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Comment on Rampages

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This is actually a comment on three posts at the Social Evolution Forum on rampages interpreted as early signs of social unrest.

Firstly, By demonstrating a tenfold increase in shooting rampages over the last decades, the post touches a neuralgic point. Those data are contested by many. In my opinion the data may be as good or bad as Pinker's but implications is what matters. It is a hot ideological issue.

From its very beginning states and governments justify their existence by providing security, so any announcement that declares a decrease in violence is warmly welcome in any culture, at any time in history, and however falsified it may be. Announcing the opposite, an increase in violence, declares a government's inability to protect its people, the spreading news of insufficiency further destabilizes the state, and reflexively, instinctively, and even subconsciously such announcements are attacked.

Secondly, the author of the post as well as the books quoted are right. It is some kind of social feedback not a mere private or personal issue. And there is, I agree, great similarity between terrorism and such rampages.

According to fauceir theory feedback is always imprecise, or—as some authors put it—causes some collateral damage, especially if it begins to evolve. Later on, with evolutionary progress, such feedback gains precision, becomes faster and less resource consuming.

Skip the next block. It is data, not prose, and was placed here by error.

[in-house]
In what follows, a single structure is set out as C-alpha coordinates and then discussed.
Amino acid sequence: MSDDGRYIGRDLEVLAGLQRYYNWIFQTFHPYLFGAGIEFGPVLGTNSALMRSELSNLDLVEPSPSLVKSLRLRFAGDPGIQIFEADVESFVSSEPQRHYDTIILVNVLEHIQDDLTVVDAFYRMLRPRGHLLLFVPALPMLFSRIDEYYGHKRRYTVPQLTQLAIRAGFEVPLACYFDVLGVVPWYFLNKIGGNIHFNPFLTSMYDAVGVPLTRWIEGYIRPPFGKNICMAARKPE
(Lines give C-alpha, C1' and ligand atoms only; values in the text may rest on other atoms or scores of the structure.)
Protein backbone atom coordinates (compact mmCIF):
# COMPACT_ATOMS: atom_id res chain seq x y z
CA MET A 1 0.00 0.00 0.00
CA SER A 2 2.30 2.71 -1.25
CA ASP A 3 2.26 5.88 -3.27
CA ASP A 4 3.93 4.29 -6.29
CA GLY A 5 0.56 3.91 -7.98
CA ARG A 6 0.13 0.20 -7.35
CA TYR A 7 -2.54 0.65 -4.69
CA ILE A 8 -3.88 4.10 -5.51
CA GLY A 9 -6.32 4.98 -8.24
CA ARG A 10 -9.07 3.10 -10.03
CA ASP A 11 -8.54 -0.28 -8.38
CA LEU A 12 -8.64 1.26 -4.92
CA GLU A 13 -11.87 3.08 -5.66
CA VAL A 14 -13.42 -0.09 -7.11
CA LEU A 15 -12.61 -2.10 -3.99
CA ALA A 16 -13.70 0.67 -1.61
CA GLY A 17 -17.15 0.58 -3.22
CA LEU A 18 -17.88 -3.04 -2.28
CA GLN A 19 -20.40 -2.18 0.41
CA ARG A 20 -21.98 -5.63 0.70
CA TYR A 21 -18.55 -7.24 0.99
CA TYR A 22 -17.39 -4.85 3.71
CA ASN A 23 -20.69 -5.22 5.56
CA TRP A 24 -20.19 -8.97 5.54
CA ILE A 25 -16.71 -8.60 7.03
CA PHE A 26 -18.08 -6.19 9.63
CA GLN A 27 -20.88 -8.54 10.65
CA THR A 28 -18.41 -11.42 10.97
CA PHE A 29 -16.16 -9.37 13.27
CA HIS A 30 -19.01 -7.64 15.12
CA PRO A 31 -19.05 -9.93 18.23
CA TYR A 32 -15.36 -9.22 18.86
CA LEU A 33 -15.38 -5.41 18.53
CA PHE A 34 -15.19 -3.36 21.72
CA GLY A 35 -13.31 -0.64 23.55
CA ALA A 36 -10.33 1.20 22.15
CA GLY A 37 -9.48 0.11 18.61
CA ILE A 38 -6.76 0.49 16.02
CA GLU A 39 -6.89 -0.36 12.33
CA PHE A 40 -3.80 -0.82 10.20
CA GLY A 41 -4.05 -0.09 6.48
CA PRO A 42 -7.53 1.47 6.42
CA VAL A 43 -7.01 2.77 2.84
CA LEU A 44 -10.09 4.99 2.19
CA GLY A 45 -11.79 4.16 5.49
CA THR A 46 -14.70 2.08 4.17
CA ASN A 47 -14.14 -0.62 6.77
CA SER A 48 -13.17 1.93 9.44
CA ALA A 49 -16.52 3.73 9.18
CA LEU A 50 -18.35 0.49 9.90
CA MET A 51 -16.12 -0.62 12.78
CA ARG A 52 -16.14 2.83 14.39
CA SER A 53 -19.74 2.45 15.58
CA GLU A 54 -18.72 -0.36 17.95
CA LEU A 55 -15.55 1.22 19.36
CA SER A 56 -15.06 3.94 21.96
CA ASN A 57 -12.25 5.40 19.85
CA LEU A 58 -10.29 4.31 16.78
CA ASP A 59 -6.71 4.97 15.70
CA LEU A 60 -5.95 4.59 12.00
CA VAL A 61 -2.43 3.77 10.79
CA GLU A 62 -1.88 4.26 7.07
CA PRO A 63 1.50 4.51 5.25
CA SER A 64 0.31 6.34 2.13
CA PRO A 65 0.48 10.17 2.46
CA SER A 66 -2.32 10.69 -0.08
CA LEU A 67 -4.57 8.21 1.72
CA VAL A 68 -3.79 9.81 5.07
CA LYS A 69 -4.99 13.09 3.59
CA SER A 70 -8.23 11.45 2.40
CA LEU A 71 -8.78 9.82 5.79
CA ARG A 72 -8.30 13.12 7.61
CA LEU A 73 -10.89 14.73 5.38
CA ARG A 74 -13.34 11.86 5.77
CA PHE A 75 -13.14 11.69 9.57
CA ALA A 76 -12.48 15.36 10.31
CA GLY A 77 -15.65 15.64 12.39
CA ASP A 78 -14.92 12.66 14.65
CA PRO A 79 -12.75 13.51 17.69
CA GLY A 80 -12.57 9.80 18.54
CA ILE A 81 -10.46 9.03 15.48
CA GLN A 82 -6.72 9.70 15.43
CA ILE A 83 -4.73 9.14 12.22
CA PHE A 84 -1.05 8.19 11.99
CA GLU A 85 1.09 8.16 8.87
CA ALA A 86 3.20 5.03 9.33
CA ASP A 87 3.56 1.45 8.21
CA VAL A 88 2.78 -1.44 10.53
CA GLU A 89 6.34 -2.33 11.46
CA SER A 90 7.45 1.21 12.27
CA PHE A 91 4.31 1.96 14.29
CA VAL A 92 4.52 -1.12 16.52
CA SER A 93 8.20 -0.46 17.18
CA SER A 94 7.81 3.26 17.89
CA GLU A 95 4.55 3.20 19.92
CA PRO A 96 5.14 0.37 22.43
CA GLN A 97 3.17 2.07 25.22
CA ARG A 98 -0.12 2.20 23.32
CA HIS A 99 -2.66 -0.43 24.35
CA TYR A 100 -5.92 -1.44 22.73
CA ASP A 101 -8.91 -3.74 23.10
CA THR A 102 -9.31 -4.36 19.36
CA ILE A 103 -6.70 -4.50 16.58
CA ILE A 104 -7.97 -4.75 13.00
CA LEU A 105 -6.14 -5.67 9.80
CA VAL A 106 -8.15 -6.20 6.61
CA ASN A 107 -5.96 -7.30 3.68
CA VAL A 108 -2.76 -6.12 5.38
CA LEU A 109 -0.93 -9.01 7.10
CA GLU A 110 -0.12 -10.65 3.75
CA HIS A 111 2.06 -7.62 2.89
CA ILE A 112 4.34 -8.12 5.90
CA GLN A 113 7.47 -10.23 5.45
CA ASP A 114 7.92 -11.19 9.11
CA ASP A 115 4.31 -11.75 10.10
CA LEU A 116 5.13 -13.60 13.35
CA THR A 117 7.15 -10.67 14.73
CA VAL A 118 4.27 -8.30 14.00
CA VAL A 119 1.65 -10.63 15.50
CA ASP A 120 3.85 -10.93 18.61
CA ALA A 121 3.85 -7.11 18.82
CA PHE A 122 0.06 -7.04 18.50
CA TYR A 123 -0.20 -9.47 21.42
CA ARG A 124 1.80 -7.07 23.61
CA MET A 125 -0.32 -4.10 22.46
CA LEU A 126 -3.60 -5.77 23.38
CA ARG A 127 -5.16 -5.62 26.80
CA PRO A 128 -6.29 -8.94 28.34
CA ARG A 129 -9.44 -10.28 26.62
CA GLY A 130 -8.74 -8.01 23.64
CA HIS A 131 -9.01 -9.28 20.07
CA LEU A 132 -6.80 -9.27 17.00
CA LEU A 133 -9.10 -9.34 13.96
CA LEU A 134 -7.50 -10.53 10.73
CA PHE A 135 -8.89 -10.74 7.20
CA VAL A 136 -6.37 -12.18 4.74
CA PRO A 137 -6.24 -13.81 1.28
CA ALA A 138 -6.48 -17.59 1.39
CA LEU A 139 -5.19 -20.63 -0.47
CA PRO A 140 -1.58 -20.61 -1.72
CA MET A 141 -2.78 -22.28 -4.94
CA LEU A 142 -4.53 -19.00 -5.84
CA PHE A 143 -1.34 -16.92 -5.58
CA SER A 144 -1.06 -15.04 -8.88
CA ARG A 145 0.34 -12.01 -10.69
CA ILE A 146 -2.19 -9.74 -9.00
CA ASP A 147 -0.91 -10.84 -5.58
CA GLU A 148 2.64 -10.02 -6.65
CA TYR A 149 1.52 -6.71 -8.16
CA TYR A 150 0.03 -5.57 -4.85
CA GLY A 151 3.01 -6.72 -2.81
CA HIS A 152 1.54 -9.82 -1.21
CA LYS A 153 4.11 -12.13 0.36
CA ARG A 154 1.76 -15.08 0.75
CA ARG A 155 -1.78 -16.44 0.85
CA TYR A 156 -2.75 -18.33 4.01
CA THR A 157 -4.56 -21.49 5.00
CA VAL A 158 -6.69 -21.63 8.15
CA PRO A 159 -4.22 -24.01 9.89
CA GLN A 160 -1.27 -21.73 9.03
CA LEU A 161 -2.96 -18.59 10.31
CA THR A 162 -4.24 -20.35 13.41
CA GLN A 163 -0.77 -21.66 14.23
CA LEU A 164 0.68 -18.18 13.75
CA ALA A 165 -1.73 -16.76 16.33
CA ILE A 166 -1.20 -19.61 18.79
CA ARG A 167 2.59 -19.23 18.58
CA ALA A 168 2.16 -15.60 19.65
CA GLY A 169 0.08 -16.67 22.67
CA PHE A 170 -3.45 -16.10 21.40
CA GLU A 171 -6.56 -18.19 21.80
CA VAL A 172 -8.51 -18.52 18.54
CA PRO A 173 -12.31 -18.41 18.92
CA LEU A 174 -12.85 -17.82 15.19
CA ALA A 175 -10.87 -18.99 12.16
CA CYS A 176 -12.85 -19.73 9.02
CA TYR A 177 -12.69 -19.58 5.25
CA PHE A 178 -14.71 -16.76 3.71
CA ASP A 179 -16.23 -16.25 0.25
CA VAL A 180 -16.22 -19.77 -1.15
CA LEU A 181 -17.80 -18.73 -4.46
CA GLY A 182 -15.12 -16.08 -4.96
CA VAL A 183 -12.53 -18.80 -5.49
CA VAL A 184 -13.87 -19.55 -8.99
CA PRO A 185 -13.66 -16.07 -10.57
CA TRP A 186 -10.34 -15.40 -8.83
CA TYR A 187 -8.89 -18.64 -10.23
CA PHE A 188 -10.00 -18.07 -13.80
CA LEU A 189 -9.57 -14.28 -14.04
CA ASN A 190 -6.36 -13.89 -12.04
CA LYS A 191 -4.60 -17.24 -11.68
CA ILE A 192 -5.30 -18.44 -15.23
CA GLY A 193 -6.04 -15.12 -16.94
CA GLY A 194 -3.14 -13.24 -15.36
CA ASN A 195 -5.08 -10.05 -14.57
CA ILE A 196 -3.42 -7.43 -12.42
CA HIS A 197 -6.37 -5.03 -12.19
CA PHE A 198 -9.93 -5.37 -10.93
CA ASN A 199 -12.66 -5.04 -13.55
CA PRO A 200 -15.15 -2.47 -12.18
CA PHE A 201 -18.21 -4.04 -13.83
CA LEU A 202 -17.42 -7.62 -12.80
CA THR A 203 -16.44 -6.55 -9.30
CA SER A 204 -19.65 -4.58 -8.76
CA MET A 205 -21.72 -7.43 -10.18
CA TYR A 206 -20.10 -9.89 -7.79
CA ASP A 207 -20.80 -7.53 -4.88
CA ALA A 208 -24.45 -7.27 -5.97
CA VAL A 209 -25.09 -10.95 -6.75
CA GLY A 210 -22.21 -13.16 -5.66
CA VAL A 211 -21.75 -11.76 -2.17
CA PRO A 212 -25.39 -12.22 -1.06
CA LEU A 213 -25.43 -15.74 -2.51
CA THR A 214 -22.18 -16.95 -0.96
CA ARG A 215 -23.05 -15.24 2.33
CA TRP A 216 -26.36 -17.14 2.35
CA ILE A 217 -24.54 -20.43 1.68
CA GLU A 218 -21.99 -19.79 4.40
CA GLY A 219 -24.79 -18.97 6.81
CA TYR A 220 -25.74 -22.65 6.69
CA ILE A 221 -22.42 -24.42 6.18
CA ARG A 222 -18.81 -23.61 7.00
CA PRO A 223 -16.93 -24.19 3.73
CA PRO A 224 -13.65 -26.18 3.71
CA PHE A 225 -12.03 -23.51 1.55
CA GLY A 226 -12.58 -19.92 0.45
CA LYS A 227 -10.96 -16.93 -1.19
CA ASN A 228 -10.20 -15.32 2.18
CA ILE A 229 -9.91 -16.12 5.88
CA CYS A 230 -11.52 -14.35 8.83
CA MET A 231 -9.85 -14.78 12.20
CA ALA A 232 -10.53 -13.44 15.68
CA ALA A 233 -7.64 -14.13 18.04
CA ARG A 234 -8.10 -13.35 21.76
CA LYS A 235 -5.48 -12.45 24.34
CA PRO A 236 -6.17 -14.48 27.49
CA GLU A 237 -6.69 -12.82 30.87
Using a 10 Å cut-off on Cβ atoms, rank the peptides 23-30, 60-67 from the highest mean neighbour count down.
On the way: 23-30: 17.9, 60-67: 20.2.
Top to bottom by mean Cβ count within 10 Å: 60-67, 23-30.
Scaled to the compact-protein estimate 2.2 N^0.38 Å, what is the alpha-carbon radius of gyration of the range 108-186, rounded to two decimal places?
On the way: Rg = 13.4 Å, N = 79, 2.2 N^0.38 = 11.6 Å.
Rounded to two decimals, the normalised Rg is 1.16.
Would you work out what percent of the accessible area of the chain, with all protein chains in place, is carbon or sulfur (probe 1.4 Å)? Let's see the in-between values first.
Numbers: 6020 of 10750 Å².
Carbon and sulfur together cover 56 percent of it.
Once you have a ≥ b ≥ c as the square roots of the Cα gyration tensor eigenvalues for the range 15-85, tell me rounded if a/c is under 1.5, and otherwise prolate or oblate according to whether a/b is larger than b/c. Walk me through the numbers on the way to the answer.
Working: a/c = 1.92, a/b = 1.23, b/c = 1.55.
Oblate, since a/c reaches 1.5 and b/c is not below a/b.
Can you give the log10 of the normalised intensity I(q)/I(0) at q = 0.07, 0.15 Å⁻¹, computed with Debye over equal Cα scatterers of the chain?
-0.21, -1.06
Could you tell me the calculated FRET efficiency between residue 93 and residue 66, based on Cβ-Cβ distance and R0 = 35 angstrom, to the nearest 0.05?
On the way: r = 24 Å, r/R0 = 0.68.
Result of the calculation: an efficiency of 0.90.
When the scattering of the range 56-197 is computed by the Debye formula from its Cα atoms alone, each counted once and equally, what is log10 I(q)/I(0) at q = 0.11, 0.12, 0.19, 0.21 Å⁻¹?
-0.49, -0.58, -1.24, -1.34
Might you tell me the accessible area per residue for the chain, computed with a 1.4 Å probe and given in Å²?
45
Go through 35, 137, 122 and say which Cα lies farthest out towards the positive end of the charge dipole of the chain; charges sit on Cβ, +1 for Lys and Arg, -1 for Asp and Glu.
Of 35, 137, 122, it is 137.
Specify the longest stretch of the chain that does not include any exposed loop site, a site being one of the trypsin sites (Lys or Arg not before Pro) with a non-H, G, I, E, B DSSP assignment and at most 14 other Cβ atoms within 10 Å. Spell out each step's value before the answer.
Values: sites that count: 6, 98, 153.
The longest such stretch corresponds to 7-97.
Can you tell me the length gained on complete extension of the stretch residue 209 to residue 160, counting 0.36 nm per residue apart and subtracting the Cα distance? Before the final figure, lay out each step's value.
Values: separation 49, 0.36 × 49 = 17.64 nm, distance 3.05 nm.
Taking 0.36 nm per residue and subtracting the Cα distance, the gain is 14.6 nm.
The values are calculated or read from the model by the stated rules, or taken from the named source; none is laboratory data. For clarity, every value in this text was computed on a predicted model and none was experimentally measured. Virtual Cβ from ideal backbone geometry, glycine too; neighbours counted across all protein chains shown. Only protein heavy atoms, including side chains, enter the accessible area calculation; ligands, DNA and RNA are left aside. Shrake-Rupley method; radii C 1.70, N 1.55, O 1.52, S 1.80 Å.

Thirdly, I disagree with that post and many comments. It is not social inequality that causes such rampages. The tensions caused by social inequality can rather be interpreted as another symptom of the same social disorder. As we all know, such rampages occur in countries with far less social inequality, Norway for instance.

Theoretically, deduced from fauceir theory, such rampages can be prevented by simply enabling better feedback mechanisms. But this is easier said than accomplished as it necessarily collides with resilient ideologies (see my first point).

For instance, a cardinal point in Western countries is, for instance, democracy's inability to ensure proper leadership[1]. Obviously, there is a good correlation between such rampages and bad leadership when measured as long term social stagnation and falling behind in international competition.

Finally, some links, mostly in German, but at least I hope understandable anyway.

Tags: Ideology Imprecision Society Sociology

Categories: Psychology Sociology


(c) Mato Nagel, Weißwasser 2004-2013, Disclaimer